bleeding

Generally, INR below 1.5 is considered safe

Vitamin K deficiency should not be undertreated

DIC

To score or not to score


Diagnosis of DIC should only be made in the right clinical context

Its diagnosis makes little difference to the management strategy unless


patient bleeds & transfusion support is the only option based on
current evidence

RCT on pharmacological doses of protein C, antithrombin & tissue


pathway inhibitor showed discouraging results

Antifibrinolytic contraindicated and heparin risky

Thrombocytopenia
Rule out pseudothrombocytopenia.
Often multifactorial in ICU setting.
Urgent & life-threatening causes: HIT, TTP.
Platelet refractoriness in patients at risk: CCI (corrected count
increment) for diagnosis , HLA-matched platelets as treatment.
Platelet transfusion trigger
Prophylactic vs Therapeutic

Lowest threshold for prophylactic transfusion (mostly taken as 10


x 10^/L), limited by the precision of platelet count generated by
automated haematology analyzers.
Autoimmune thrombocytopenic pupura is no longer a diagnosis
of exclusion.

When is laboratory monitoring for TargetSpecific Oral Anticoagulant (TACO) indicated?


To identify the mechanism of bleeding
To detect overdose or drug accumulation
Renal impairment
Liver impairment
Elderly

To determine the offset of activity


Pre-operative
Before thrombolysis for ischaemic stroke

To monitor adherence
To distinguish treatment failure from non-adherence

Clot-based assays for drug levels available for dibigatran &


rivaroxaban

ECMO related coagulopathy

Monitoring of anticoagulation
ACT 180-220 sec
Affected by hypothermia & haemodilution
Closest to in vivo state, including other non-plasma components

APTT may be off scale at the therapeutic range, depending on


sensitivity of APTT reagent

Anti-Xa assay
So called therapeutic range (intercenter variation)
Affected by plasma colorimetric
When high in face of a normal ACT, suspicious of heparin
resistance > check AT level
Not practical for continuous monitoring

Laboratory tests
Haemoglobin
Platelet count
Coagulation screening
Prothrombin time (PT)
Activated partial thromboplastin time (APTT)
Fibrinogen
D-dimers

Other laboratory tests: ABG/RFT/LFT

Limitations of laboratory tests


Haemoglobin may not reflect the extent of blood loss & the effect
of haemodilution.
Platelet count does not reflect platelet dysfunction acquired during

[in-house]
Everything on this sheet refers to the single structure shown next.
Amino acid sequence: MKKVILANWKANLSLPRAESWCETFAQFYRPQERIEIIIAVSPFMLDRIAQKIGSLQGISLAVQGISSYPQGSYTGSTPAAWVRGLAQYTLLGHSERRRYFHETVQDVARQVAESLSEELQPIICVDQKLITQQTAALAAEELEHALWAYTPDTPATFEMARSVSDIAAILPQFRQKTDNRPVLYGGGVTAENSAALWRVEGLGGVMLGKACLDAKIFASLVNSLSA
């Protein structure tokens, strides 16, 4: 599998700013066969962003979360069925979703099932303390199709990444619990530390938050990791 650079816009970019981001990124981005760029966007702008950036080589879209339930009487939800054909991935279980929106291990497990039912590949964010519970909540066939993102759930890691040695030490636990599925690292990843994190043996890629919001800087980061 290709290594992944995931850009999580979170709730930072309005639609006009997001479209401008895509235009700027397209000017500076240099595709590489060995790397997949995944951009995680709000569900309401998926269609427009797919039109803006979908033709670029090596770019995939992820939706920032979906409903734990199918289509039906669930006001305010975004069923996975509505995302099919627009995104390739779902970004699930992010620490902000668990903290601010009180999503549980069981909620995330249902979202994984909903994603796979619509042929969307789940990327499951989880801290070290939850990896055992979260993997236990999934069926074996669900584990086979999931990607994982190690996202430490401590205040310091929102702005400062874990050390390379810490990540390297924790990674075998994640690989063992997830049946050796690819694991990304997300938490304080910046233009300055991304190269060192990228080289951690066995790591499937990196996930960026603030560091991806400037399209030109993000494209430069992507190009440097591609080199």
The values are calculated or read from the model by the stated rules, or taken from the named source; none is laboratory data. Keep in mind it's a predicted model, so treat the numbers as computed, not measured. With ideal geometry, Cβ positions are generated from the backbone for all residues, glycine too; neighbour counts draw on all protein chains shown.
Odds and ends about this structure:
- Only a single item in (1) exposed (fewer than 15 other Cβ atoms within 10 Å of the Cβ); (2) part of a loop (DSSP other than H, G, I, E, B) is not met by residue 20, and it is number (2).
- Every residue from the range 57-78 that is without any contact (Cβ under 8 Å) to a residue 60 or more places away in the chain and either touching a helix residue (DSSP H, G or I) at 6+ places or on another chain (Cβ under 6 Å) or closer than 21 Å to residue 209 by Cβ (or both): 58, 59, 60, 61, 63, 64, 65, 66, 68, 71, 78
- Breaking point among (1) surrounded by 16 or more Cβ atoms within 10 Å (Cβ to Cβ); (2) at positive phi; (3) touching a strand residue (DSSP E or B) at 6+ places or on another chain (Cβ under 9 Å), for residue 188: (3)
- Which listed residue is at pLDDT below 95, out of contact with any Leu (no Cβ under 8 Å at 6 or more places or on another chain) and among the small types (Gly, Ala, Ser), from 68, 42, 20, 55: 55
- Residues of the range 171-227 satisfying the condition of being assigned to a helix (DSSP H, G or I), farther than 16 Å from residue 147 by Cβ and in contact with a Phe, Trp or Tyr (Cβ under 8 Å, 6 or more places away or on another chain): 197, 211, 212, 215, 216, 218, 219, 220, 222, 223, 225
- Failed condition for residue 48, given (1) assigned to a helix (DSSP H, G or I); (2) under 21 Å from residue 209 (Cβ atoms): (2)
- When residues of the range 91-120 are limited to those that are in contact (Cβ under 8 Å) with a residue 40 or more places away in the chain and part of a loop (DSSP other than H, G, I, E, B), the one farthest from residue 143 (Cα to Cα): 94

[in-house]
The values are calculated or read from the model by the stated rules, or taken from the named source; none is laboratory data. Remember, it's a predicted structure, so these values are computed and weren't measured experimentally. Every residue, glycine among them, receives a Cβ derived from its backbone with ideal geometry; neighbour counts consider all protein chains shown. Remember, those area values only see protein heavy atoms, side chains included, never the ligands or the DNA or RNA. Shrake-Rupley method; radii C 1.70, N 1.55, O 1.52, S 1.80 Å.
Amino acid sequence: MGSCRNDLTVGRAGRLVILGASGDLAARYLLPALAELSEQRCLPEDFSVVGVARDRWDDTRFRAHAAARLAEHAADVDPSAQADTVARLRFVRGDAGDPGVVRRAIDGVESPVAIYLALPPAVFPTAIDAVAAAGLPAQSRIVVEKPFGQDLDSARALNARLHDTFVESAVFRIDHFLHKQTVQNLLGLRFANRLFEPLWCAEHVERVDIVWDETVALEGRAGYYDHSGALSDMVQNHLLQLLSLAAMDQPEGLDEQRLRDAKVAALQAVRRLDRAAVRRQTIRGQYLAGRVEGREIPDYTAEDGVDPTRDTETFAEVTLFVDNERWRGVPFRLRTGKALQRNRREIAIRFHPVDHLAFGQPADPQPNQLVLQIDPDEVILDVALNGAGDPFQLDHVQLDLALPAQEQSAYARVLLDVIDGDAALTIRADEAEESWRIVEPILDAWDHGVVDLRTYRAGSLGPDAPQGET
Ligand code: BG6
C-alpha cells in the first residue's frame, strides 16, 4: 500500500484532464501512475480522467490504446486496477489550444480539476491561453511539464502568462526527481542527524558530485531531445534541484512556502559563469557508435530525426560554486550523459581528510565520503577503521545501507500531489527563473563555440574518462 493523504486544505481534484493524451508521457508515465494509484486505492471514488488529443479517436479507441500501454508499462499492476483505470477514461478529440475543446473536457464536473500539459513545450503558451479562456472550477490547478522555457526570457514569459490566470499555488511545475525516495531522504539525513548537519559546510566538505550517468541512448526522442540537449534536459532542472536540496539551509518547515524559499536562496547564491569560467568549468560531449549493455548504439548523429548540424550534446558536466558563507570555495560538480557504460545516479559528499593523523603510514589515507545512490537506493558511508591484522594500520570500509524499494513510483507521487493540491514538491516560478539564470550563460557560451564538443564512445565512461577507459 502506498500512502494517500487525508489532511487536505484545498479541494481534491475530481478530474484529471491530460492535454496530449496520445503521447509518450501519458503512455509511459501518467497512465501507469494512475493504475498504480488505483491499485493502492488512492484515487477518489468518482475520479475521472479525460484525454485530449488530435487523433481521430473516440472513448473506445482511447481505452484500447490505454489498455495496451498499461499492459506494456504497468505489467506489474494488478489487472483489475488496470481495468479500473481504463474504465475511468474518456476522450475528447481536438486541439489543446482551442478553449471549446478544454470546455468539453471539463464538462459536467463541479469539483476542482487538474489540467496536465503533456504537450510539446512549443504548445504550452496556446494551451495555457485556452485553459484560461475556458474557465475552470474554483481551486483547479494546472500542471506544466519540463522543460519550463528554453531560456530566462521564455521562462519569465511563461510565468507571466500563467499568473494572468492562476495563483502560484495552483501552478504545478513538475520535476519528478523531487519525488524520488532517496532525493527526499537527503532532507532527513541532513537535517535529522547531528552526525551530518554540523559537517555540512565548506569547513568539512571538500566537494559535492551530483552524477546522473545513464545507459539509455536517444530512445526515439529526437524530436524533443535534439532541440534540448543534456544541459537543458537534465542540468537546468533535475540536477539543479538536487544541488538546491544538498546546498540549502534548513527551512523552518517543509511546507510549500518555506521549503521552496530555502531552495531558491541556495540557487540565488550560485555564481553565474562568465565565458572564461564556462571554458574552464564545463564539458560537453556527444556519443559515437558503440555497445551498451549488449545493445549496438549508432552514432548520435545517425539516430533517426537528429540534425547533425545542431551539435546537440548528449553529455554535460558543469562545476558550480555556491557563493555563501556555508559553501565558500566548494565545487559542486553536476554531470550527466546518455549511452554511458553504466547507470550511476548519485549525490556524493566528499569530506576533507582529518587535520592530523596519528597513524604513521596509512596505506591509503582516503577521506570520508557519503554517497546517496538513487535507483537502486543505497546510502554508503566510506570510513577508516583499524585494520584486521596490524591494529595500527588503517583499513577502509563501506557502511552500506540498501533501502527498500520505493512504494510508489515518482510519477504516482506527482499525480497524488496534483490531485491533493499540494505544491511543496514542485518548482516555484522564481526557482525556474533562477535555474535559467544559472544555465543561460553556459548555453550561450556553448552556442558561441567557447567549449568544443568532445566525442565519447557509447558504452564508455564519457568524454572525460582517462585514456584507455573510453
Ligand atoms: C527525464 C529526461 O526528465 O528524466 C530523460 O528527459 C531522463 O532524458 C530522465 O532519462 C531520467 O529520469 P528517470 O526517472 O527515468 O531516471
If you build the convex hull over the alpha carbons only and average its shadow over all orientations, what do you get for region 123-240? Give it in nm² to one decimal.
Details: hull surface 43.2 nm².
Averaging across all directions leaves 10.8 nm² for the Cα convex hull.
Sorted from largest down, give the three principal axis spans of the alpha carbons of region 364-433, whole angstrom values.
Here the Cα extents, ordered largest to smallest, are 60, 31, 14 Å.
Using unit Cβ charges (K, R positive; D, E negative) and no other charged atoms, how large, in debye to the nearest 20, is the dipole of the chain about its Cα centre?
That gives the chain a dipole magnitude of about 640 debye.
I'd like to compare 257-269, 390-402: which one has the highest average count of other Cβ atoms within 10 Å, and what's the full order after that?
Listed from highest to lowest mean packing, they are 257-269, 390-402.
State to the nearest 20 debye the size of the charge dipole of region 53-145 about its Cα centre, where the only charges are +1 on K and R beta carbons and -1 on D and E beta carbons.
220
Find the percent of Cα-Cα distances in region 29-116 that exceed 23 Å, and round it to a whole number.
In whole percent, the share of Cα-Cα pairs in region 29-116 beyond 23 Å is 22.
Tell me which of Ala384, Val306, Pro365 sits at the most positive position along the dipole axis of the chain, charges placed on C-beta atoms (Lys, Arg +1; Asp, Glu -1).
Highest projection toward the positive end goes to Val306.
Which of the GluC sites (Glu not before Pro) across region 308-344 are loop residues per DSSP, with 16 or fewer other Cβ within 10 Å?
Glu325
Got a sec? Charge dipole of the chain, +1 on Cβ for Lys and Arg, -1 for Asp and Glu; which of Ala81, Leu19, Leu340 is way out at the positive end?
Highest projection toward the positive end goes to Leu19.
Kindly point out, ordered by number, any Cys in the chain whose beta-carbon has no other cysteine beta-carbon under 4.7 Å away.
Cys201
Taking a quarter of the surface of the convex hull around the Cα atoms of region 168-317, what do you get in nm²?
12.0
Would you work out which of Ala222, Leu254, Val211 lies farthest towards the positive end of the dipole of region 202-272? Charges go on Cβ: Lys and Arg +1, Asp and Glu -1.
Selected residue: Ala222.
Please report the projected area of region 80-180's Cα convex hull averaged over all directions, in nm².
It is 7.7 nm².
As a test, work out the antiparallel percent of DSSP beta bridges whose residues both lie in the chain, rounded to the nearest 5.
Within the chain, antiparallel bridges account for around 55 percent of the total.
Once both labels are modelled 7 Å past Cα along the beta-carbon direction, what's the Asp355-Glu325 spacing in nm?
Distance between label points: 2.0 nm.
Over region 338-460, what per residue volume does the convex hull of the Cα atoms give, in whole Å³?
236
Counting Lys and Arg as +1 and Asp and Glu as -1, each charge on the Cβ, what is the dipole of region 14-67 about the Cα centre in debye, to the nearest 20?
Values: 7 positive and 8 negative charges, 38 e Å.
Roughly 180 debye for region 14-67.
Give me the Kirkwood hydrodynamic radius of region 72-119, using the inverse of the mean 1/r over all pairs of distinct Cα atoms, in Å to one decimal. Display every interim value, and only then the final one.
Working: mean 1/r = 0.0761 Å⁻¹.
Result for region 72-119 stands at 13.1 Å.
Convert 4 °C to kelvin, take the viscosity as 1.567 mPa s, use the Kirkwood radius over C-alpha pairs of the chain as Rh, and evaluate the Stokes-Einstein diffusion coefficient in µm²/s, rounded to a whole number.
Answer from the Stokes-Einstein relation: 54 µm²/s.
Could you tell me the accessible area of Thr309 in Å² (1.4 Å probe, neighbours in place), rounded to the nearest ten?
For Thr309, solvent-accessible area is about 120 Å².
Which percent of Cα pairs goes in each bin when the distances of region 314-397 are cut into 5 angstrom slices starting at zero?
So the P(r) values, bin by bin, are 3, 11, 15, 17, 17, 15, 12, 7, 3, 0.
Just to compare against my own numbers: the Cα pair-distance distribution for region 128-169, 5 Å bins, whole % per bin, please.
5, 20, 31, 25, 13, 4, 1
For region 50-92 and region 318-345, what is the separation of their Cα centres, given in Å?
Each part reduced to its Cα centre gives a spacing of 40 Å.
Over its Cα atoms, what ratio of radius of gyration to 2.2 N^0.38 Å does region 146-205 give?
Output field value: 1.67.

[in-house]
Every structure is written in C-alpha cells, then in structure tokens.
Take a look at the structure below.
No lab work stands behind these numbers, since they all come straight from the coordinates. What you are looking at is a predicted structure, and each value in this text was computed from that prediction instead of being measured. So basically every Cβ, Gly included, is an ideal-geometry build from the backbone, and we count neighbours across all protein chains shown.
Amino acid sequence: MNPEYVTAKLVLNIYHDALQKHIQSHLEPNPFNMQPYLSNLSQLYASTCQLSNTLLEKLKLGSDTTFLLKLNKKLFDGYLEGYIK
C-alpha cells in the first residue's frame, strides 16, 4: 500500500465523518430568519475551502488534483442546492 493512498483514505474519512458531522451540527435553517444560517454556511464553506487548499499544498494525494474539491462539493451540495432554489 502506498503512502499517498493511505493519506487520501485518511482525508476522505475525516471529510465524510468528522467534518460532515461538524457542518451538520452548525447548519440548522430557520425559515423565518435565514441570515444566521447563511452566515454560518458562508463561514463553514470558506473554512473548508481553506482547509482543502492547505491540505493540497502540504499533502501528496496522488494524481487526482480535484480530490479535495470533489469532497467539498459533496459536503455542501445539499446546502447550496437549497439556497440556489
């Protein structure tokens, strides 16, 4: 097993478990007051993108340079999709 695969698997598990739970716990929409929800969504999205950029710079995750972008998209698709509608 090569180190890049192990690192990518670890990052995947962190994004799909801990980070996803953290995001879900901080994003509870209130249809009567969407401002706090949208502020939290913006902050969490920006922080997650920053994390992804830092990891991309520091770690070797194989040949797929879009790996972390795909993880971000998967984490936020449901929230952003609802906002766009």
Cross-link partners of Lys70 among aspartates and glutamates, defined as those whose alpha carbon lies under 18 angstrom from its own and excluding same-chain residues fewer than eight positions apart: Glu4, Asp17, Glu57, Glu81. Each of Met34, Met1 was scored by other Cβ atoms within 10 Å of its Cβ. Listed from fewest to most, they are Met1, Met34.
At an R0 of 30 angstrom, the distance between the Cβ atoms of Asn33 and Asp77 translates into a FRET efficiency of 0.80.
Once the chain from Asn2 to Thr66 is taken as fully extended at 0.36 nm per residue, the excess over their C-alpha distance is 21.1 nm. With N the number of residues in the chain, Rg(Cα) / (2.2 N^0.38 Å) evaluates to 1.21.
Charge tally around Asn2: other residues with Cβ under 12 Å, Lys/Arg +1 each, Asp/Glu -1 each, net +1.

tissue trauma & hypothermia.
PT/APTT may not reflect in vivo function of the clotting factors
during hypothermia.
Increased D-dimers may or may not reflect disseminated
intravascular coagulation (D.I.C.).
Limitation of conventional laboratory parameters to guide
transfusion therapy

Idealistic Guide for Transfusion Therapy


Fast TAT Certainly NOT PT/APTT
Assay better reflect in vivo coagulation state
Protocolized (Standardized), with proven benefit by
clinical trials, preferably RCT

Coagulation screen predicts poorly


levels of coagulation factors

Retrospective analysis of the individual coagulation factor levels of patients (using the
threshold of 30 IU/dl and 1 g/l for fibrinogen) showed that 10 of the 22 patients had
not required FFP replacement (nine patients had no coagulation factor levels below 30
IU/dl and one patient had only a decreased level of factor XII).
British Journal of Haematology, 125, 6973 d

Exploring the Global Assay

TEG/ROTEM
TEG: Cup rotates/ROTEM: Pin rotates
Movement transmitted to tracing recorded as curves &
pre-defined parameters
A real time continuous assessment
Standardization
Reference range
Validation of protocol for guided transfusion

Summary of evidence for TEguided transfusion therapy


Supportive evidence

Uncertain evidence**

Reduction of incidence
and volume of FFP
transfusion in cardiac
surgery*
Reduction of incidence
of platelet transfusion in
cardiac surgery*
Reduce the amount of
bleeding in massive
transfusion**

Effect on mortality
Effect on morbidity
Effect on length of hospital /
ICU stay

**Cochrane Database Syst Rev. 2011 Mar 16;(3)


* Patient Blood Management: Module 2: Perioperative,
National Blood Authority, 2012

How Accurate

Role of POC assay in perioperative bleeding

Management of severe perioperative bleeding: Guideline from European Society of Anesthesiology


European Journal of Anaesthesiology 2013 30:270-382

Contd

Future Laboratory Service Development


Efficiency
Satellite blood bank (Operating Theatre Blood Transaction
System)
Pre-thawed plasma
Just next door (Hot Floor & Rapid Response Lab Concept)
Expansion of test repertoire: Global assay, POCT
T&S turnaround time

Safety
Transfusion safety: Patient identification (Policies in place)
Pre-operative optimization of haemostatsis
Post-operative monitoring to identify patients at risk

Conclusion
Coagulopathy in ICU setting is complex and often multifactorial.
Always consider the clinical context.
Conventional laboratory tests are valuable to guide subsequent
investigations.
Limitations of conventional laboratory tests should be
acknowledged.
Absence of robust evidence from clinical trials to guide the
management of acquired bleeding disorders is very striking & the
need of studies to address gaps that currently exists.
Emerging role of global assay to guide transfusion therapy.